Smaller class size, more individual attention for students          $50,000,000 

Returning to a more reasonable class size will give teachers time to focus more individual attention on students. Class size has crept upward over the last few years due to cuts in school funding that led to teacher layoffs and unfilled positions. Many schools report physics and calculus classes with 33-35 students or kindergarten classes with more than 30 children. With fewer students assigned to each teacher, teachers will be better able to do more detailed data analysis, track students’ progress, and adjust instruction to address each student’s deficiencies. Large numbers in a classroom make this kind of individualized instruction virtually impossible to achieve and sustain. An investment of $50,000,000 will be required to replace the 1,000 teachers lost due to budget cuts since the 2007-2008 school year.

Reading coaches and training to improve literacy          $8,085,000 

With adequate funding, districts can direct more resources to literacy programs and provide crucial supports to help reading coaches and literacy initiatives succeed. MAEP dollars can extend the reach of the state funding allocated to the “Third Grade Gate” portion of the “Education Works” agenda, giving schools more of the resources they will need to be effective in identifying reading challenges earlier. An additional investment of $8,085,000 will provide 75 reading coaches to cover 173 schools, 3 regional supervisors, and intensive training for principals, coaches, and interventionists in the lowest performing 25% of schools.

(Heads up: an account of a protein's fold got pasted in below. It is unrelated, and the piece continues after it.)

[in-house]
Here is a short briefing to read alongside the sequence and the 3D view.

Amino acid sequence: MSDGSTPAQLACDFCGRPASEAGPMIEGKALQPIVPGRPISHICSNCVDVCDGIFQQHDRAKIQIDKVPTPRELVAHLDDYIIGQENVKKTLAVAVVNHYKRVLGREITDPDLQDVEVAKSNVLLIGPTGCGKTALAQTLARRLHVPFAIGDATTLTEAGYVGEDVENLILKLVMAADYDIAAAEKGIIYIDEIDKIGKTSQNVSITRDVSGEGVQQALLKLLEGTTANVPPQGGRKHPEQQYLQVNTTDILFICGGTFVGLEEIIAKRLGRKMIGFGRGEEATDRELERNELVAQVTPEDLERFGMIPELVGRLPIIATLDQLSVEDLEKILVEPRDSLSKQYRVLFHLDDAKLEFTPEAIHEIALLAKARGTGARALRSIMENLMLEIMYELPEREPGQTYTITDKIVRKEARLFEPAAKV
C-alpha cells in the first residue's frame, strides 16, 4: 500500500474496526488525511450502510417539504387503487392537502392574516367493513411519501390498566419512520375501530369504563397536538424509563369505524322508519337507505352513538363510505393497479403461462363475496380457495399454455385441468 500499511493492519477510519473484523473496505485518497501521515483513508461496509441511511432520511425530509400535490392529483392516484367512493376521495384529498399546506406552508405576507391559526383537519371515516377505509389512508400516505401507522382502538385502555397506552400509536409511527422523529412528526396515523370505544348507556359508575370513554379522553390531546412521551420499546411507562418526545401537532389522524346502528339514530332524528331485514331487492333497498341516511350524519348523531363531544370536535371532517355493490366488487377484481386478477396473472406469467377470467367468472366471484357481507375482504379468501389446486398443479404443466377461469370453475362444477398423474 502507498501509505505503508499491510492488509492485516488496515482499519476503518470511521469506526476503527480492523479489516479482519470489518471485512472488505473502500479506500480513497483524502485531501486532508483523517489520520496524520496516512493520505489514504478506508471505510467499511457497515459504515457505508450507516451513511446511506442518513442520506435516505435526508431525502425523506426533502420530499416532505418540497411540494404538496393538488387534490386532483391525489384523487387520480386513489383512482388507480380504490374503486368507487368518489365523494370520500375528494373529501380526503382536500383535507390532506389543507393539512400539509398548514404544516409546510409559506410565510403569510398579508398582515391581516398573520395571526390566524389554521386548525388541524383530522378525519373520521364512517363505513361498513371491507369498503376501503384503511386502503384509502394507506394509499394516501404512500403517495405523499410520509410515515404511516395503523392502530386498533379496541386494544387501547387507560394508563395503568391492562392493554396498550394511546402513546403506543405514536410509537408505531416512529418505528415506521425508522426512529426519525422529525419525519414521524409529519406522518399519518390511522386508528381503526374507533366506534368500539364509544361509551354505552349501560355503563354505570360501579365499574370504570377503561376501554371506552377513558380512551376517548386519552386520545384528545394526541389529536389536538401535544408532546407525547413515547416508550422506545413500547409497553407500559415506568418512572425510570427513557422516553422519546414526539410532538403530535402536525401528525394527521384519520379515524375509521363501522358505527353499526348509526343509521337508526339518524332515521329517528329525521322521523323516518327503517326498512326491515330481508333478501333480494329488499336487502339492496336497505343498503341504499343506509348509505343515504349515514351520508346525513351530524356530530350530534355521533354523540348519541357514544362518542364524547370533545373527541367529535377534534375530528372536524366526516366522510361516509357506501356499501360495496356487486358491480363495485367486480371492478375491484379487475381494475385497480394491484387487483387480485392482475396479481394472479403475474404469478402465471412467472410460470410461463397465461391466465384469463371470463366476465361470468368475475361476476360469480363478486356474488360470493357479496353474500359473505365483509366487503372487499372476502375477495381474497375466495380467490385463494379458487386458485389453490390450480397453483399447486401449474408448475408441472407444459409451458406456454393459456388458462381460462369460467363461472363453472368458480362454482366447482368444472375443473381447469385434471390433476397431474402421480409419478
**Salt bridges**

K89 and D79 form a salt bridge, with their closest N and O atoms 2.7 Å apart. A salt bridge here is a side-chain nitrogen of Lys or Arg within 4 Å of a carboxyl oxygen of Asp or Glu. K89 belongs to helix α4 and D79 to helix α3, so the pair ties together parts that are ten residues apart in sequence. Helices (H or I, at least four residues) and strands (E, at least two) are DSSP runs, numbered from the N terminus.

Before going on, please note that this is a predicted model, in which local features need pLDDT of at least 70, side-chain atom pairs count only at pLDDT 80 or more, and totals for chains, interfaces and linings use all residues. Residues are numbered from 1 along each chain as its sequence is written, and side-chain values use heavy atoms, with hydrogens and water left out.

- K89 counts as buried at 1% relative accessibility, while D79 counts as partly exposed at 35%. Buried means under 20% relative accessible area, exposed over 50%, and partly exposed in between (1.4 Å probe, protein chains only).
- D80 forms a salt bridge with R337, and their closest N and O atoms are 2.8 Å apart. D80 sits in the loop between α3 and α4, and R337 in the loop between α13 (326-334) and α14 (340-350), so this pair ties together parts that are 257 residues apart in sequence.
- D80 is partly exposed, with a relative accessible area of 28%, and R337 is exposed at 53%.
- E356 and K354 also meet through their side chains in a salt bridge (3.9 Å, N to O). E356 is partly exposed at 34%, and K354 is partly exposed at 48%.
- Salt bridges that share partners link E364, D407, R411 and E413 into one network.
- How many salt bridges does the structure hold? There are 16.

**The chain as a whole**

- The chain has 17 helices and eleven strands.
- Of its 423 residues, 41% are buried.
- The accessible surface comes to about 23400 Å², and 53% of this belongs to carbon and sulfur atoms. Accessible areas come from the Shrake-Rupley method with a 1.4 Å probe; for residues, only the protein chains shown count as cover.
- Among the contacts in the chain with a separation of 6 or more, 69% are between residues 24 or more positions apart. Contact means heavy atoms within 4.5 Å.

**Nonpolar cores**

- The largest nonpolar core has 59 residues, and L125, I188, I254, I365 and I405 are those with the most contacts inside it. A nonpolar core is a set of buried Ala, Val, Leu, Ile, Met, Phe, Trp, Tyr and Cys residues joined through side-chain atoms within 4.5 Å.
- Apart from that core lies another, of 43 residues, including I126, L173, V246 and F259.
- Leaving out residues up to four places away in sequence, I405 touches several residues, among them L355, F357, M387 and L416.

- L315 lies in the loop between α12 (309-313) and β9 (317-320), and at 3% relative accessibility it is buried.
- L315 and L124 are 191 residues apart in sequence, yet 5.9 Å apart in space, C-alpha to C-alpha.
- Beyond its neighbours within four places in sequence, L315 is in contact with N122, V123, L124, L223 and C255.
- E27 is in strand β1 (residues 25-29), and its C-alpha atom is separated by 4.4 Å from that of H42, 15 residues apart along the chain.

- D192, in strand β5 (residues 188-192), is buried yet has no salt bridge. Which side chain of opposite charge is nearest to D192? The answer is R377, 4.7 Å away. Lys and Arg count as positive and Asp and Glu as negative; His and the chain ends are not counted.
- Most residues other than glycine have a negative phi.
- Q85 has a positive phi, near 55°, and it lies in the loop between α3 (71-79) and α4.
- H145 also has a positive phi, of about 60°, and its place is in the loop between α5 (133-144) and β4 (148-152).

Tutorial and intervention programs for struggling students          $123,000,000 

The state’s new accountability model places additional emphasis on students scoring in the bottom 25% in the district on state tests. Districts will be penalized severely if they do not generate appropriate growth among those students. Thus far, no funding has been provided for that effort. Chronic underfunding of schools in recent years has caused a reduction in intervention programs designed to address this subgroup of students. Interventionists, an integral part of the literacy initiative, will work closely with reading coaches to provide intensive remediation for struggling readers in addition to addressing students’ deficiencies in other subject areas. An investment of $123,000,000 will provide one tutor/interventionist per 50 students for the lowest-scoring 25% of Mississippi children. This is a resource-intensive but high-reward effort that must be funded if Mississippi is to advance academically.